Image source. Disney.
Continue Reading Below
Lost in the shuffle of concerns at ESPN, a rare quarterly earnings miss, and a surprising dip in attendance at its Florida theme parks,Walt Disneyis shutting down its Disney Infinity line of video games. It's a bigger deal than you think.
The media giant took a page out of the Activision Blizzard playbook when it introduced Disney Infinity in 2013, blending video console games with RFID-backed action figures that would be placed on a connected platform to enter the virtual realm. Activision Blizzard raised the bar with Skylanders Spyro's Adventures four years ago, becoming the industry's best selling game through the first half of 2012. By the time that Disney Infinity hit the market in the summer of 2013, Activision Blizzard was already discounting aggressively.
It was easy to see why Activision Blizzard feared Disney's arrival. The undisputed champ of family entertainment came in with a fleet of characters far more popular than the Skylanders crew. However, disruptors get disrupted, and it was no surprise that Disney Infinity struggled after Lego got in on the fun with the launch of Lego Dimensions last year.
Winding down the product line is going to be painful. Disney still plans to introduce three new playable characters fromAlice Through the Looking Glasslater this month. That will be followed by aFinding Doryplay set next month. A Peter Pan set that was to follow has been given the hook --yes, Captain Hook's hook.
There may not be much of a market for the two upcoming orphaned sets. Parents and older gamers know that the franchise is toast. Why invest more money on a platform that will be clearance bin fodder later this summer?
Continue Reading Below
"We hope you had as much fun playing the game as we had making it," Disney Interactive offers up on its blog's rosy death notice, but it's hard to think that gamers or the parents of gamers will see it that way.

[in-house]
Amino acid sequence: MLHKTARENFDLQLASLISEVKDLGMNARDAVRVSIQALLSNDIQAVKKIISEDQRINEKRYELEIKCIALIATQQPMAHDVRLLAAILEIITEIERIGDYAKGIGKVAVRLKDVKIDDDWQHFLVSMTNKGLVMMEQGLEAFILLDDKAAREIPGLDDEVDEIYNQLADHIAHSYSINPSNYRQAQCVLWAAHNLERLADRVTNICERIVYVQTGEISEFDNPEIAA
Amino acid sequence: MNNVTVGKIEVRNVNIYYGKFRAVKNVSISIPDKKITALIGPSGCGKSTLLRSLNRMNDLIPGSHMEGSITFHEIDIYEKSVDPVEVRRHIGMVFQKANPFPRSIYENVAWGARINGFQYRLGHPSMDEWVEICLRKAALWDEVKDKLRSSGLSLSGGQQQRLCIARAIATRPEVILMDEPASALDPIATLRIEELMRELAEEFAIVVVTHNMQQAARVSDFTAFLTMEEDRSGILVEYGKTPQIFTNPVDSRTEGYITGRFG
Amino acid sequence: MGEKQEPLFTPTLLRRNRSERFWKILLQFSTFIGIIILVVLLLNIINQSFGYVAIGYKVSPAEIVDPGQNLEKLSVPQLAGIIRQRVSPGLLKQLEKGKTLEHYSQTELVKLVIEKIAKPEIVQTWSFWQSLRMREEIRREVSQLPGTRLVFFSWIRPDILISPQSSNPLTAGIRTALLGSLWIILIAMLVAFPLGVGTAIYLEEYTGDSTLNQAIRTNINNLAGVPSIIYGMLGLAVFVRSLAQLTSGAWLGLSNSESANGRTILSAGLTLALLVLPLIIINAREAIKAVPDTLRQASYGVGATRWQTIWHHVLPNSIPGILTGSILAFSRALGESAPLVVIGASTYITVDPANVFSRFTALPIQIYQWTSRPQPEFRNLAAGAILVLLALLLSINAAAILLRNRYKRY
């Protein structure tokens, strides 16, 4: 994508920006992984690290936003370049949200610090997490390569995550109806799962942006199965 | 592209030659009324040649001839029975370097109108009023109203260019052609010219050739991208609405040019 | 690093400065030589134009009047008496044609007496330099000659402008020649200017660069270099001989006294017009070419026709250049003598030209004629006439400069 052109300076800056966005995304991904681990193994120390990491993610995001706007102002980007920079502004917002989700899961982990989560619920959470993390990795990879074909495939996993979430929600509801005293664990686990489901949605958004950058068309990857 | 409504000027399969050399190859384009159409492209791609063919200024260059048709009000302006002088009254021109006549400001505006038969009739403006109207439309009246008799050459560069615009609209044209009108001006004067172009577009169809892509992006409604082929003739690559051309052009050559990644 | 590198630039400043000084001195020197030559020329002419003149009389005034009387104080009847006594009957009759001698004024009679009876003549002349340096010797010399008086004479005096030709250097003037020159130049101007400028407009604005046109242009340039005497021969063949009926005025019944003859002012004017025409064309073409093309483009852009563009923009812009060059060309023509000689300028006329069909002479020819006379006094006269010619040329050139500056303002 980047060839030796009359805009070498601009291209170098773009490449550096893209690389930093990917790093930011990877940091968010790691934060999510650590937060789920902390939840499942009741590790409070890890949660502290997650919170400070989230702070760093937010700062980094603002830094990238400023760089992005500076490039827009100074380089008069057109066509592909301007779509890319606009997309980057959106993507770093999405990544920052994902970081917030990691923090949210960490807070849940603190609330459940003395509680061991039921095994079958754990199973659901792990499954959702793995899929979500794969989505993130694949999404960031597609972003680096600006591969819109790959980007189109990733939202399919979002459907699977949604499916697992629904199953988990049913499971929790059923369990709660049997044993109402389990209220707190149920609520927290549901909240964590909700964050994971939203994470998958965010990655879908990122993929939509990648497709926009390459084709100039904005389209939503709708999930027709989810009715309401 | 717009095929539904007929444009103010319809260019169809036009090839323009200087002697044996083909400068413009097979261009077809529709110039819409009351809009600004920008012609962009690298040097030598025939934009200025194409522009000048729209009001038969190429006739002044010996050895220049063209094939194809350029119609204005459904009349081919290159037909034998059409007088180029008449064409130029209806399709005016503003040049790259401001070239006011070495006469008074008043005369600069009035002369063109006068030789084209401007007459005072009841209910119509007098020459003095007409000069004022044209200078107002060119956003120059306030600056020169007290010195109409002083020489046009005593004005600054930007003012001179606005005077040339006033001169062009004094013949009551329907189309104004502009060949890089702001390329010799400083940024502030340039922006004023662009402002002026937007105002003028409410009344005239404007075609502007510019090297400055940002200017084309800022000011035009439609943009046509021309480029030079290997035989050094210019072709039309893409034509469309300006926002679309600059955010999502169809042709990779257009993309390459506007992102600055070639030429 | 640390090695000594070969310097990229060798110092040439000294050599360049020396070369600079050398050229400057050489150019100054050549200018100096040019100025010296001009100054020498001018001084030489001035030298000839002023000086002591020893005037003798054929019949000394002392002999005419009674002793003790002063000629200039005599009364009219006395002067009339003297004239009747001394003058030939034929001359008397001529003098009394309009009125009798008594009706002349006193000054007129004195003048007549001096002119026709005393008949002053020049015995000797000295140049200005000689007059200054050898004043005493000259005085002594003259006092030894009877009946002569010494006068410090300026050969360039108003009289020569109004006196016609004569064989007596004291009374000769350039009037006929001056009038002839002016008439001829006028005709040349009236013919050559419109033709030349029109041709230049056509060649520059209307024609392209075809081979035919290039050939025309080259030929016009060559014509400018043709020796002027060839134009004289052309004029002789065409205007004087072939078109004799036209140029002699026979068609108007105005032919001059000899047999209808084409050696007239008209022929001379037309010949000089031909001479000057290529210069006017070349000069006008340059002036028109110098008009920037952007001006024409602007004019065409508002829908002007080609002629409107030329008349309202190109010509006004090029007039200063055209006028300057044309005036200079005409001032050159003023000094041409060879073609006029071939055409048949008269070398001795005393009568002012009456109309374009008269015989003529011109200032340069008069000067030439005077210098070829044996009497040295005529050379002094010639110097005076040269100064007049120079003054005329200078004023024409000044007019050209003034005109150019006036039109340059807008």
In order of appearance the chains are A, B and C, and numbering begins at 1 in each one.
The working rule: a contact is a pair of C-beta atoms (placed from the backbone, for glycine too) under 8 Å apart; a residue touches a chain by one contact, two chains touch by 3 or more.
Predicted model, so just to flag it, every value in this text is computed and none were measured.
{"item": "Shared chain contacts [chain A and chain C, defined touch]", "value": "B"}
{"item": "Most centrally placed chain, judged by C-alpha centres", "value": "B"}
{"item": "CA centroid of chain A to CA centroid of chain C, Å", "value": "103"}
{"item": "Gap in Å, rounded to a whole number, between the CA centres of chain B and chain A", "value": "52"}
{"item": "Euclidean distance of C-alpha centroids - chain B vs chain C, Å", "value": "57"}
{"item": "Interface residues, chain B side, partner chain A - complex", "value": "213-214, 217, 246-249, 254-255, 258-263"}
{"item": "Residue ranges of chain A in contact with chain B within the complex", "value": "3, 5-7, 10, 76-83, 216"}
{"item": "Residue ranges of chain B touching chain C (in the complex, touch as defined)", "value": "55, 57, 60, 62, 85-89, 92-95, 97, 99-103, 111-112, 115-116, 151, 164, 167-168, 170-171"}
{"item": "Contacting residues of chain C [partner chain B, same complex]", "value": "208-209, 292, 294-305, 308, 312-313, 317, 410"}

Disney Infinity wasn't cheap. The $75 price for the starter kit was fair, but by the time you begin tacking on $30 to $35 for every new action figure pack the investment starts to build up. Disney Interactive discontinuing the product line doesn't make it worthless. Folks will still be able to play in the virtual world that they paid for. However, the expectations that there would be years of updates and new figures to justify the time and effort of participating in the Disney Infinity ecosystem is gone.
Disappointment has a sequel
It's not the first time that Disney burns gamers. Virtual Magic Kingdom also had a shelf life of three years, letting early Internet users explore an avatar-fueled experience through its theme parks from 2005 though 2008. However, at least Virtual Magic Kingdom was free. The only thing that folks like me poured into that kingdom was time. Disney Infinity's three-year run feasted on time and money.
Disney will rightfully argue that it lost even more in the fire. It's taking a $147 million charge in connection with shooting down the Disney Infinity dream. Disney's in-house developers will also have it worse than Joe or Joanna Gamer. Disney's console gaming strategy will now focus only on licensing its content and characters.
However, it's going to be hard for consumers to trust Disney the next time that it launches a gaming platform. The growing number of burned customers will warn the next generation of players about what happened to folks that embraced Virtual Magic Kingdom or Disney Infinity. Building something only to destroy it three years later is more than just bad business -- it's bad brand building.
The article Disney Burns Parents: To Infinity and Be Gone originally appeared on Fool.com.
Rick Munarriz owns shares of Walt Disney. The Motley Fool owns shares of and recommends Activision Blizzard and Walt Disney. Try any of our Foolish newsletter services free for 30 days. We Fools may not all hold the same opinions, but we all believe that considering a diverse range of insights makes us better investors. The Motley Fool has a disclosure policy.
Copyright 1995 - 2016 The Motley Fool, LLC. All rights reserved. The Motley Fool has a disclosure policy.